Since the beginning of the year, Berlin-based company Qinous has been ensuring a clean energy supply at a hospital in Haiti with the help of its battery system. The compact lithium ion battery system provides for daytime grid stabilization, thus allowing for 100 percent penetration of solar power from a 230 kW roof-mounted PV system and complete shutdown of diesel generators during the day. The new facility was financed by the Swiss partnership HAS Haiti through private donations, and the PV battery system in Deschapelles is a joint project of the Albert Schweitzer Hospital and Qinous. For the first phase of the project, the young company provided a battery system with a 200 kW output and a capacity of 225 kWh.
“Haiti is very sunny, but the power supply in many places is still largely provided by expensive and environmentally harmful diesel generators simply because the grid infrastructure is lacking,” says Steffen Heinrich, Chief Technical Officer at Qinous. “Our battery system makes the secure delivery of renewables possible precisely under such circumstances since it works completely independently of the grid. It takes over the ‘grid-forming’ function of the diesel generator, thereby allowing the latter to be switched off entirely. Surplus electricity is stored and saved for later use. At the same time, the system regulates the hybrid network, thereby assuring the stable and secure operation of the PV system. The diesel generators come online only when the sun stops shining and the batteries have discharged.”
The Qinous battery intelligently balances power supply and demand in order to assure efficient provision of power and to minimize the use of diesel generators. In case of power failure, the battery automatically ensures power supply. The PV battery project significantly reduces the annual costs for fossil fuels and upkeep of the diesel generators. It also produces a reduction of CO2 emissions of approximately 200 tons per year.
“In Qinous, we’ve found a competent partner for implementing the PV project and true experts on energy storage and system control,” says Rolf Maibach, Board Member of the Albert Schweitzer Hospital in Deschapelles. “It was especially helpful that the Qinous engineers installed the battery system together with our on-site Haitian team and thoroughly trained the staff before the system entered into service. This guarantees that the local team possesses the necessary know-how to ensure a smooth operation of the system.”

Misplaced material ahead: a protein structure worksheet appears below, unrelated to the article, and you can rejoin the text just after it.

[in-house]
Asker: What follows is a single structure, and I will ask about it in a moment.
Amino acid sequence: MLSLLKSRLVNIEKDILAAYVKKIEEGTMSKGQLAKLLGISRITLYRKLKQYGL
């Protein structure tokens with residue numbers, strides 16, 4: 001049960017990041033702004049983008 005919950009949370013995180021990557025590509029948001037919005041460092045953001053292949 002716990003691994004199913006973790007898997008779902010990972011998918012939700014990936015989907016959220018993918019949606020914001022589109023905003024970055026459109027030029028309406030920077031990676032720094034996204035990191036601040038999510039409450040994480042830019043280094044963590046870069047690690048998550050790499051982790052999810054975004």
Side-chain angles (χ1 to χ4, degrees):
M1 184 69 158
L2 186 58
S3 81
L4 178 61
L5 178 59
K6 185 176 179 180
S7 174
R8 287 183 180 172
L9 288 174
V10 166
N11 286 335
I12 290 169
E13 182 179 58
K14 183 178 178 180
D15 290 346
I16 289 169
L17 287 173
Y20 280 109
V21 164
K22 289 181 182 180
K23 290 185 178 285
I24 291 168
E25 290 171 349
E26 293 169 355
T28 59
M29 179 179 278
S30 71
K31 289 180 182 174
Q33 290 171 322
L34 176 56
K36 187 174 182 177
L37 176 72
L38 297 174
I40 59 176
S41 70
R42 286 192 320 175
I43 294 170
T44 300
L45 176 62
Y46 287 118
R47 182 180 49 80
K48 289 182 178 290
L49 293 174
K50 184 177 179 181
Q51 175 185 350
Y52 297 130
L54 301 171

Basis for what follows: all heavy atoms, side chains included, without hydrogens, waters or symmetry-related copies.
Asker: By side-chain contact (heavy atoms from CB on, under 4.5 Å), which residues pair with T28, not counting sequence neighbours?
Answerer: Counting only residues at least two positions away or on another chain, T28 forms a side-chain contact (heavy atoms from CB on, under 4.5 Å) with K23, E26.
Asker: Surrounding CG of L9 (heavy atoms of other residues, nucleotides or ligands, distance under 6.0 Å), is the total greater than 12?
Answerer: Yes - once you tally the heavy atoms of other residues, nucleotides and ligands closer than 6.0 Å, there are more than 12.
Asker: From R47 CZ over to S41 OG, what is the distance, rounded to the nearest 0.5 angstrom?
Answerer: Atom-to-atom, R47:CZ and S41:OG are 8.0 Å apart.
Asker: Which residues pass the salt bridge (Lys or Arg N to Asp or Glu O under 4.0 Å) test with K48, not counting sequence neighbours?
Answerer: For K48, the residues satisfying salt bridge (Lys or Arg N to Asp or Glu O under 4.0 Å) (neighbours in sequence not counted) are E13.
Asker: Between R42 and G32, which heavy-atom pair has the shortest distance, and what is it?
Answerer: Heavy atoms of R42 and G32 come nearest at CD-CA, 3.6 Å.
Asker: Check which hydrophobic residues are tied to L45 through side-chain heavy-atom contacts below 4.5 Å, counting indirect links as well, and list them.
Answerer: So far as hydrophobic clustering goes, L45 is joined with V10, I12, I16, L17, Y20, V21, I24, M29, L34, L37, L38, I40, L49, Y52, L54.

The three-meter-high, six-meter-long and two-and-a-half-meter wide battery container was delivered by ship from Germany to Haiti. It now stands next to the hospital and is accessible at all times to trained technical staff. Thanks to its robust construction, it can withstand even the most extreme weather conditions. Qinous’ battery system distinguishes itself by being easy to implement. In this way, the engineering team wants to fulfil its aspiration of promoting a fossil-fuel-independent energy supply in as many off-grid regions as possible.
The integrated monitoring system allows the hospital’s power supply to be constantly observed and optimized. From its headquarters in Germany, Qinous analyzes the gathered data in order to ensure an optimally efficient supply and constant further development of the technology. In the long term, an even larger PV system and higher storage capacity is envisaged for the PV project in order to assure a clean energy supply for the Albert Schweitzer Hospital around the clock. The diesel generators will then be used only in a limited manner.
An additional battery system with a capacity of 500 kW/500 kWh will go into operation in Tabarre, a district of the Haitian capital Port-au-Prince. There, a 600 kWp PV system is currently being completed to provide a pediatric hospital and social campus with power. The project partner in that case is the children’s aid organization nph deutschland. Plans are in place to use the PV battery system for training and demonstration purposes for solar energy.